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Olivia Smart a coach at Dollar Park and Linlithgow Tennis Club

Celebrating inclusion: Scottish Women and Girls in Sport Week 2023


Scottish Women and Girls in Sport Week takes place every year to encourage people across the country to have conversations about the importance of eradicating gender inequality in sport and women’s health.

The theme for this year’s seventh annual occasion was ‘Celebrating Inclusion’ and Tennis Scotland has spoken to six coaches from across the country about the impactful work they are doing within their community.

Olivia Smart – Dollar Park and Linlithgow Tennis Club

Eighteen-year-old Olivia Smart (image featured in article header) is a Level 3 Tennis coach who hails from Falkirk and has already built-up experience coaching players of a range of ages and abilities. Smart started and fell in love with coaching during the pandemic and has since gone on to become a Prime Video LTA Youth Girls coach and ambassador. As part of the programme, she gets to spend her time inspiring a new generation and creating a space where girls aren't pressurised to succeed.

When asked about the significance of the programme, she said:

The social buzz is unmatched. Not only is there a great sense of community amongst the girls, but also a willingness to get stuck in, fostered by the encouragement from their friends and club mates

Peggy Findlater – East Kilbride Tennis Club and Nuffield Milngavie

Also a Prime Video LTA Youth Girls coach, Peggy Findlater, has found immense enjoyment being part of the participation programme. Originally from Mauritius, and a single mother of four, the topic of inclusion is of great importance to her.

She said: “Being different is what makes the world colourful. I firmly believe in giving opportunities and accepting differences in sport is key to developing talents. I have gained so much through the sport, both mentally and physically, and being able to pass that onto others is a massive part of why I became a coach.”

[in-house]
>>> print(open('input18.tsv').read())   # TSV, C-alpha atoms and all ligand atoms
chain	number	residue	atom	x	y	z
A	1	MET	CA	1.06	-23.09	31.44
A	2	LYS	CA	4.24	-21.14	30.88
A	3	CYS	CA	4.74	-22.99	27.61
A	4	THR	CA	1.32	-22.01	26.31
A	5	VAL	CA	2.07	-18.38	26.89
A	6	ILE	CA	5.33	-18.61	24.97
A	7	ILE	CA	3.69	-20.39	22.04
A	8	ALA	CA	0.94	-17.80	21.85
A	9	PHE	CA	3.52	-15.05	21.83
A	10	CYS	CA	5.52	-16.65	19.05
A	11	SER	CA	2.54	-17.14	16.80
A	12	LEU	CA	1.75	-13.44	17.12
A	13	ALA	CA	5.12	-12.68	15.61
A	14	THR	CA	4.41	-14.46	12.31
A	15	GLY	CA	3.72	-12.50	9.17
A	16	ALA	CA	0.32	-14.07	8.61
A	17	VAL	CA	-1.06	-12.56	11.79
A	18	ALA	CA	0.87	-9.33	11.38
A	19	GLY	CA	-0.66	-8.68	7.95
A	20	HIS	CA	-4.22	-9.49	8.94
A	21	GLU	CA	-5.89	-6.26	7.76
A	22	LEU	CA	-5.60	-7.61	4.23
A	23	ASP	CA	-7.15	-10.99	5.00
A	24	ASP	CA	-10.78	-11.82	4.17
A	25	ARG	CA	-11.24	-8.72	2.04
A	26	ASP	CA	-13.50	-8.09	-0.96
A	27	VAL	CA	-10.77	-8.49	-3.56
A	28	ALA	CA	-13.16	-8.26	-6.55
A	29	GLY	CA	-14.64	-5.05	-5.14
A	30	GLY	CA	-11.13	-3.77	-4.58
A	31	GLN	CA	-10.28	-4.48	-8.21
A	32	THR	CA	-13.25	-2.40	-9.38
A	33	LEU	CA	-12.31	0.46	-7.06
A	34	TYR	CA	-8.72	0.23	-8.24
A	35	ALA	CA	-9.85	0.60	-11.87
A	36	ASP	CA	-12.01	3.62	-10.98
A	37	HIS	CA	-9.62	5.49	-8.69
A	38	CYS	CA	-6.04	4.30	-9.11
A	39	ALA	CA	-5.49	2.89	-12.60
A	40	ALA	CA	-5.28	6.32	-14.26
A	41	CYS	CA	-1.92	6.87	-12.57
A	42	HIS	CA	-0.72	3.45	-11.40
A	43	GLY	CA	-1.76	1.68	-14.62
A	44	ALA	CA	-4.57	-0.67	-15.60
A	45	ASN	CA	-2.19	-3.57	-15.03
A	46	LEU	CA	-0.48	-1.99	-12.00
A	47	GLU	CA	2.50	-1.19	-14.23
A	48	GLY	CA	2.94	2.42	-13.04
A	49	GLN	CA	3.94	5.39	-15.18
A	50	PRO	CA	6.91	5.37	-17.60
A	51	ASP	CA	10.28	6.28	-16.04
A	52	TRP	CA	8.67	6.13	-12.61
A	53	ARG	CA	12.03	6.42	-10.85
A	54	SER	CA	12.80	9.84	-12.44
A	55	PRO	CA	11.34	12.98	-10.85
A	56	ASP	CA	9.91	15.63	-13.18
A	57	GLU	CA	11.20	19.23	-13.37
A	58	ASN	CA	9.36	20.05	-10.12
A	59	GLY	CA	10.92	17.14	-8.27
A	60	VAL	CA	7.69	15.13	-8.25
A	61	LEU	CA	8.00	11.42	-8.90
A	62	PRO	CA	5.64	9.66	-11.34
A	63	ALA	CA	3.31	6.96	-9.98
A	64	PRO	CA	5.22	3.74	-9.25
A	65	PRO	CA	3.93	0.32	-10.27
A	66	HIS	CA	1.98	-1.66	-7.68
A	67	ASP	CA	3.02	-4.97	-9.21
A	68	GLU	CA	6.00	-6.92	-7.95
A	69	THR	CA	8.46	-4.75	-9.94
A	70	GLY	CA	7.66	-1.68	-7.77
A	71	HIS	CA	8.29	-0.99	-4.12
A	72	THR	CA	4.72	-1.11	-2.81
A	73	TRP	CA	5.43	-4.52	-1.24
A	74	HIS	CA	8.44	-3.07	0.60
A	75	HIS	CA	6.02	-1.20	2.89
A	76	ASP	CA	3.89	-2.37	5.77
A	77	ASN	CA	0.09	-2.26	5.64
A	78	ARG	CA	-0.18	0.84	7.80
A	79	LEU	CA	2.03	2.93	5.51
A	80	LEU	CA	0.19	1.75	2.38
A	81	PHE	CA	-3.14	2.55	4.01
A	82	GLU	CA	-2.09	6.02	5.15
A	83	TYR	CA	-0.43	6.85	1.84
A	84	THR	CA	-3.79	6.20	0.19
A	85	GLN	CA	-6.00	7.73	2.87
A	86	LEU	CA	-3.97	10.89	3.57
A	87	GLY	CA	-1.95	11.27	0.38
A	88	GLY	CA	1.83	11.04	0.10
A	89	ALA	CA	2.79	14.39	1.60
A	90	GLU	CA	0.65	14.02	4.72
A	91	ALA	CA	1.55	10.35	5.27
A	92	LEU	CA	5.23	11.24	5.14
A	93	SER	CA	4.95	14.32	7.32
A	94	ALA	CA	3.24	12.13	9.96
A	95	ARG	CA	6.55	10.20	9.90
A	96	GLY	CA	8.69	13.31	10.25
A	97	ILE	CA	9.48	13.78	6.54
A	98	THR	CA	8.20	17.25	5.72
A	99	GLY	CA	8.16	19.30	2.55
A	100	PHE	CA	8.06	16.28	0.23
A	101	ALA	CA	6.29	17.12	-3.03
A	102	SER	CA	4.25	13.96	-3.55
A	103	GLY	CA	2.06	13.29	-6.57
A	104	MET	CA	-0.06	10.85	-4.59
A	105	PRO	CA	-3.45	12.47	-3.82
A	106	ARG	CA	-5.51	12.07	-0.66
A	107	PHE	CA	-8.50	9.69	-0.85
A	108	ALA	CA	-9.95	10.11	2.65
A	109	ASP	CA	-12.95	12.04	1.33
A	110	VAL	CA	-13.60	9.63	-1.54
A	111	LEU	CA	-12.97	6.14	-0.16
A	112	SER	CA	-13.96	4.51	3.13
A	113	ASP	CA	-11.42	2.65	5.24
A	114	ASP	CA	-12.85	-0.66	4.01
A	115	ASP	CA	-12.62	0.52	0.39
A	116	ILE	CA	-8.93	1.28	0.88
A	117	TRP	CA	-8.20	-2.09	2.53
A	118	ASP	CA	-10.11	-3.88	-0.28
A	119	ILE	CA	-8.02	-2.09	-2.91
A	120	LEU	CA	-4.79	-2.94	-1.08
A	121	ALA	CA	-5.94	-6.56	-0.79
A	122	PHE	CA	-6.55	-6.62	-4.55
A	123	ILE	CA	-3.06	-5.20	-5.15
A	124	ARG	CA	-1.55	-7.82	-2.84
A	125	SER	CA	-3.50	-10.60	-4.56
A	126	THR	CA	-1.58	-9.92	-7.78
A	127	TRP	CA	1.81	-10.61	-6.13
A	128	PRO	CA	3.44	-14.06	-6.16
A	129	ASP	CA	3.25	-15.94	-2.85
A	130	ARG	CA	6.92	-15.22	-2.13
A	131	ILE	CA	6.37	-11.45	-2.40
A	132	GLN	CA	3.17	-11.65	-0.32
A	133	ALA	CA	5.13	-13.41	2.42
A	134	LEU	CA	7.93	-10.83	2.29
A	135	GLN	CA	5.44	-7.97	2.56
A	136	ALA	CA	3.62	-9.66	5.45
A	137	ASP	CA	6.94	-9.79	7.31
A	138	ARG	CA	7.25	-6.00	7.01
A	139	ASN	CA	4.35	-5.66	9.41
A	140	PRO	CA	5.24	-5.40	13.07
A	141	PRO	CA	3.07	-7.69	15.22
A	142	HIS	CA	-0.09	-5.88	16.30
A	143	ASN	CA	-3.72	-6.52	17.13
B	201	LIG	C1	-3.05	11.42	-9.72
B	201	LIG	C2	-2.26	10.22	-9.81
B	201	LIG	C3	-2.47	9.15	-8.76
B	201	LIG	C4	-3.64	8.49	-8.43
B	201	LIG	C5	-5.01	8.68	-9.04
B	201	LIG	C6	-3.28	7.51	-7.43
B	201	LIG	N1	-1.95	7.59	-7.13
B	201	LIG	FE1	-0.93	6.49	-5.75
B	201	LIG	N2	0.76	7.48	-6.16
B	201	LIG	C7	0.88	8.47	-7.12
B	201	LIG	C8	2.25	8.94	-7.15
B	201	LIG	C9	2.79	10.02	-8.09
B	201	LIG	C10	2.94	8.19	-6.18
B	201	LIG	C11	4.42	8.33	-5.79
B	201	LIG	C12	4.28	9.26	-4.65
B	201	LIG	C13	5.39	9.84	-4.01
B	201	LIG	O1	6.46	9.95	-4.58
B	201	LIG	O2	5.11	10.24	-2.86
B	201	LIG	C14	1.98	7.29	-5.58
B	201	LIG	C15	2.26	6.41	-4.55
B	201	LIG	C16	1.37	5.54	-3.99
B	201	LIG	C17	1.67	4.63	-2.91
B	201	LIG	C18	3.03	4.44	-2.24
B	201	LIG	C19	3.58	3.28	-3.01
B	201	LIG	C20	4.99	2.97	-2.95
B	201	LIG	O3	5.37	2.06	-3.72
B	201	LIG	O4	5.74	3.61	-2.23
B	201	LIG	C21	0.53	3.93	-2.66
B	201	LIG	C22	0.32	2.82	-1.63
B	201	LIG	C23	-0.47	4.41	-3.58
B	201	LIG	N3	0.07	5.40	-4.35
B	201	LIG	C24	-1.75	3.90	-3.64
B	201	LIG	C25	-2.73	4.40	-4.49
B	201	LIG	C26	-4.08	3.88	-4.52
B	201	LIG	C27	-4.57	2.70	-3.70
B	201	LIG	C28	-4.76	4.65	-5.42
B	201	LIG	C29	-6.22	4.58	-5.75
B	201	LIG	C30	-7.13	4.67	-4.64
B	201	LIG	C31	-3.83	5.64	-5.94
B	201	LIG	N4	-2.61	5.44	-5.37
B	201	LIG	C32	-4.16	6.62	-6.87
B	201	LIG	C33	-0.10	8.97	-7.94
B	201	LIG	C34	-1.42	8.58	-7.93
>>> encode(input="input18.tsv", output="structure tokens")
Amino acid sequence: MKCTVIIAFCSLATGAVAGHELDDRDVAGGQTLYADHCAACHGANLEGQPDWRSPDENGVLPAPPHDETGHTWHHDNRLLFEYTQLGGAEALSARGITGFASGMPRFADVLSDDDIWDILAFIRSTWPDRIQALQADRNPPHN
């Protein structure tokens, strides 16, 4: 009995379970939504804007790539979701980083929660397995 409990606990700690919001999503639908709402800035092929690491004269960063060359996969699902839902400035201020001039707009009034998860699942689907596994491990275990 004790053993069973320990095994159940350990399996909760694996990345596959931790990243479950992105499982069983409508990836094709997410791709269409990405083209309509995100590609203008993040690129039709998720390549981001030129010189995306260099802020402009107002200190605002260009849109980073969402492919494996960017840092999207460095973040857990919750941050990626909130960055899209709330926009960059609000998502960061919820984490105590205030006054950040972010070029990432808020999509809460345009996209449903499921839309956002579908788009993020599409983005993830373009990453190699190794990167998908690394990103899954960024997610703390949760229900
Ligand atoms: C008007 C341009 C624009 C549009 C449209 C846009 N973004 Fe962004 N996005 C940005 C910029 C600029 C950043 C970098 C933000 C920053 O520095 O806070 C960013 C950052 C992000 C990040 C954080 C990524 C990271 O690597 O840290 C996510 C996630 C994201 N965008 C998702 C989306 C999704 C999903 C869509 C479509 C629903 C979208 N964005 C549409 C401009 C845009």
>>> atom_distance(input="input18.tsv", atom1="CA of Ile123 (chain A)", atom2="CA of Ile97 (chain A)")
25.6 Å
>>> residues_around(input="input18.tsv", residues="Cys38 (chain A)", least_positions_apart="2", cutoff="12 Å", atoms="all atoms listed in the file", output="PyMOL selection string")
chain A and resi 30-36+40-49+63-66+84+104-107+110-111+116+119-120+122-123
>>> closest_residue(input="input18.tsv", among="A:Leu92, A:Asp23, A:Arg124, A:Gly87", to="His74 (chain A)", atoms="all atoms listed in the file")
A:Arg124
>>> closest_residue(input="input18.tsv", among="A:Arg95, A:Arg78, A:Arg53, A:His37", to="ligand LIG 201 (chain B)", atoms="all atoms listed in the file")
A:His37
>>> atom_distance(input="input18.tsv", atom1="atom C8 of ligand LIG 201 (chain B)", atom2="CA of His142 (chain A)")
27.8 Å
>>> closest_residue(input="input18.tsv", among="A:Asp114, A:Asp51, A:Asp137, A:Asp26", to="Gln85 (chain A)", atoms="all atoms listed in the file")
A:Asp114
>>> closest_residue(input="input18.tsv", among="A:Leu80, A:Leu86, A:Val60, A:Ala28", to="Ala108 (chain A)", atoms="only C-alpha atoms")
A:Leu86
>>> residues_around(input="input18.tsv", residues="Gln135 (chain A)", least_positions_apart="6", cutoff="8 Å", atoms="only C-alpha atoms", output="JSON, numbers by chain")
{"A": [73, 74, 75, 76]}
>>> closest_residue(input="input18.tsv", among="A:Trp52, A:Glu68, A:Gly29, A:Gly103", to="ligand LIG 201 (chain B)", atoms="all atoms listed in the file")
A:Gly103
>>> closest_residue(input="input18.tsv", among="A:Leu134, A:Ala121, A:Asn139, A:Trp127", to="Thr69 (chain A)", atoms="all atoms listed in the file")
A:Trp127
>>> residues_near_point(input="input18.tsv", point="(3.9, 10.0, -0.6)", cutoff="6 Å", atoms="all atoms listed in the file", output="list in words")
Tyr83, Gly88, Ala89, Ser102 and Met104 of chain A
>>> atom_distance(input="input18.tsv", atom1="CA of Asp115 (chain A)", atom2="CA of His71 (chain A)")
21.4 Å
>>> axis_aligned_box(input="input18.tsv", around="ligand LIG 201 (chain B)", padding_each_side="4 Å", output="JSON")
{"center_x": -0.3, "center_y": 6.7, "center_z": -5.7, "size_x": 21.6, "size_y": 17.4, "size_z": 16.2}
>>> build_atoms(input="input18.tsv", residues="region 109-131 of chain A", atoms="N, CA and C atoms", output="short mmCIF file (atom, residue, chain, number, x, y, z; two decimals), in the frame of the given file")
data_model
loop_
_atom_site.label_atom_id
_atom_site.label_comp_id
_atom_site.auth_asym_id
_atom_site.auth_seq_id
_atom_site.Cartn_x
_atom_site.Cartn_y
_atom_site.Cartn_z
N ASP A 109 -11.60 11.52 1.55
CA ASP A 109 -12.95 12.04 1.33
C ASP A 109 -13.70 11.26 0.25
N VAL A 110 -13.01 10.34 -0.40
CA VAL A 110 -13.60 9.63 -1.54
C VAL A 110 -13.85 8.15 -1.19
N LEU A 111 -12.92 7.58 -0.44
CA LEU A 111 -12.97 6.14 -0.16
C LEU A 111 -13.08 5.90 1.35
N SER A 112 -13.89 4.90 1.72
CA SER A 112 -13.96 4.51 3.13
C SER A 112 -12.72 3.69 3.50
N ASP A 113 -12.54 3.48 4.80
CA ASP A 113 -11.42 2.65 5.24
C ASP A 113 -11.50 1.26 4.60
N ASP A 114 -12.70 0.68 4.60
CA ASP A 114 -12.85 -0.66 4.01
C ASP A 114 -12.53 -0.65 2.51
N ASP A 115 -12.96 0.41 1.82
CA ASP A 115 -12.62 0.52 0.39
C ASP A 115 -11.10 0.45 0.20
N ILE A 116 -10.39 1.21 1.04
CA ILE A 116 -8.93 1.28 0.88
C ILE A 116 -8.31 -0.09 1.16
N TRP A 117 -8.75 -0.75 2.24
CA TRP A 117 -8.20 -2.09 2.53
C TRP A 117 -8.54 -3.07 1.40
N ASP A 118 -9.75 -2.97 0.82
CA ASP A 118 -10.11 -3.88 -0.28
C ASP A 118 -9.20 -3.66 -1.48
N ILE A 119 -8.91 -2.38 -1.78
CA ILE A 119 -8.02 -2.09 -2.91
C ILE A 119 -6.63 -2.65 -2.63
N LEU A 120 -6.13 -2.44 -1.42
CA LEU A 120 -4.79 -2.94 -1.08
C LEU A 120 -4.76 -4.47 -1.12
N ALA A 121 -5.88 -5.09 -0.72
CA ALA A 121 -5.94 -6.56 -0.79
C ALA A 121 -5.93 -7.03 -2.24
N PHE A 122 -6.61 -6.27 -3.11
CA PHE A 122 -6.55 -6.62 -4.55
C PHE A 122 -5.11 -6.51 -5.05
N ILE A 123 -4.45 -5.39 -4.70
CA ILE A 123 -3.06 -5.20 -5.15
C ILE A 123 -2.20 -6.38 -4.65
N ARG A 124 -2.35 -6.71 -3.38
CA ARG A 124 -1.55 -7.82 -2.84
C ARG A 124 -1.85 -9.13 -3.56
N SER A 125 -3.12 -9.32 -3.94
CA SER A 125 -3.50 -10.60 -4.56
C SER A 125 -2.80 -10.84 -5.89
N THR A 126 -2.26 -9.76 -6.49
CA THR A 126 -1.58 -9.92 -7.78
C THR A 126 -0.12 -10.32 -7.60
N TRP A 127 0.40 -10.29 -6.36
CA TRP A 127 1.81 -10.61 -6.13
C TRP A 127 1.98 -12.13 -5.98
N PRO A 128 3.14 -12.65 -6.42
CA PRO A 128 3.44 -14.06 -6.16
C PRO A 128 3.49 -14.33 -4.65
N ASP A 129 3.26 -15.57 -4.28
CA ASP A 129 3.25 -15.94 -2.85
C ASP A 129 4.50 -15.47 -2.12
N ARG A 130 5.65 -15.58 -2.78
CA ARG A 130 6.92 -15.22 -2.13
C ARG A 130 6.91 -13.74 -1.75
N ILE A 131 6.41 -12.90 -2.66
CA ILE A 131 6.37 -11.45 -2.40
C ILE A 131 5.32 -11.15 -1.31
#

You can learn more about the programme and where to book here.

Verena Scott - Western Health and Racquets Club

Western coach Verena Scott found her passion for coaching through their junior programme after returning from the United States where she was on a university tennis scholarship. Since joining the club, she has had the privilege of being involved in club, county, and national coaching sessions, while also working with and learning from other incredible coaches across the country.

Scott believes that inclusion and representation for women in tennis is fundamental to creating a fair and equal sport, and that a sport which embraces those values ultimately enhances the global appeal of the sport.

She said: “When young girls see successful female tennis players, it motivates them to believe in their potential and strive to achieve their goals both on the court and off it.”

Verena Scott a coach at Western Health and Racquets Club

Mhairi Beattie - Braid Tennis Club

Mhairi Beattie played tennis on a scholarship at Arizona State University before returning to Scotland to become an LTA Coach Education Tutor and coach at Braid Tennis Club. Beattie had no real intentions of getting into coaching, but, after working alongside Judy Murray, Leon Smith and Karen Ross, she was inspired to start and has been carving out a career ever since.

Sharing her experience, Beattie said:

I find coaching extremely rewarding because it's active, it's fun and has a lot of variety. I've recently started tutoring and I love inspiring the next generation of coaches by sharing the knowledge and skills I've learned through playing and coaching from juniors all the way through to the collegiate level.

Karen Ross – Tennis Scotland

Karen Ross began working with Tennis Scotland in 1996 and currently heads up the performance team. In her role, she witnesses the physical and mental benefits of tennis every day and can speak to the importance of both within the sport.

“Tennis is a game for life because you can play at any age regardless of your ability,” she said.

"It’s the perfect sport to work on your fitness and executing your shots while also challenging you mentally by trying to outsmart your opponent and challenging your opponent.”

Anna Myatt – Tennis Scotland

Workforce Manager Anna Myatt brings a ton of experience an LTA Level 5 Coach and Coach Education tutor who works with existing coaches to ensure they are providing accessible and welcoming environments for women and girls to play in and accomplish their goals, so the topic of inclusion is one that takes priority in her day-to-day.

Myatt said: “I am passionate about providing a welcoming training environment for all volunteers, teachers and coaches who want to contribute to the development of players in our sport.” 

You can find out more about Scottish Women and Girls in Sport Week here.

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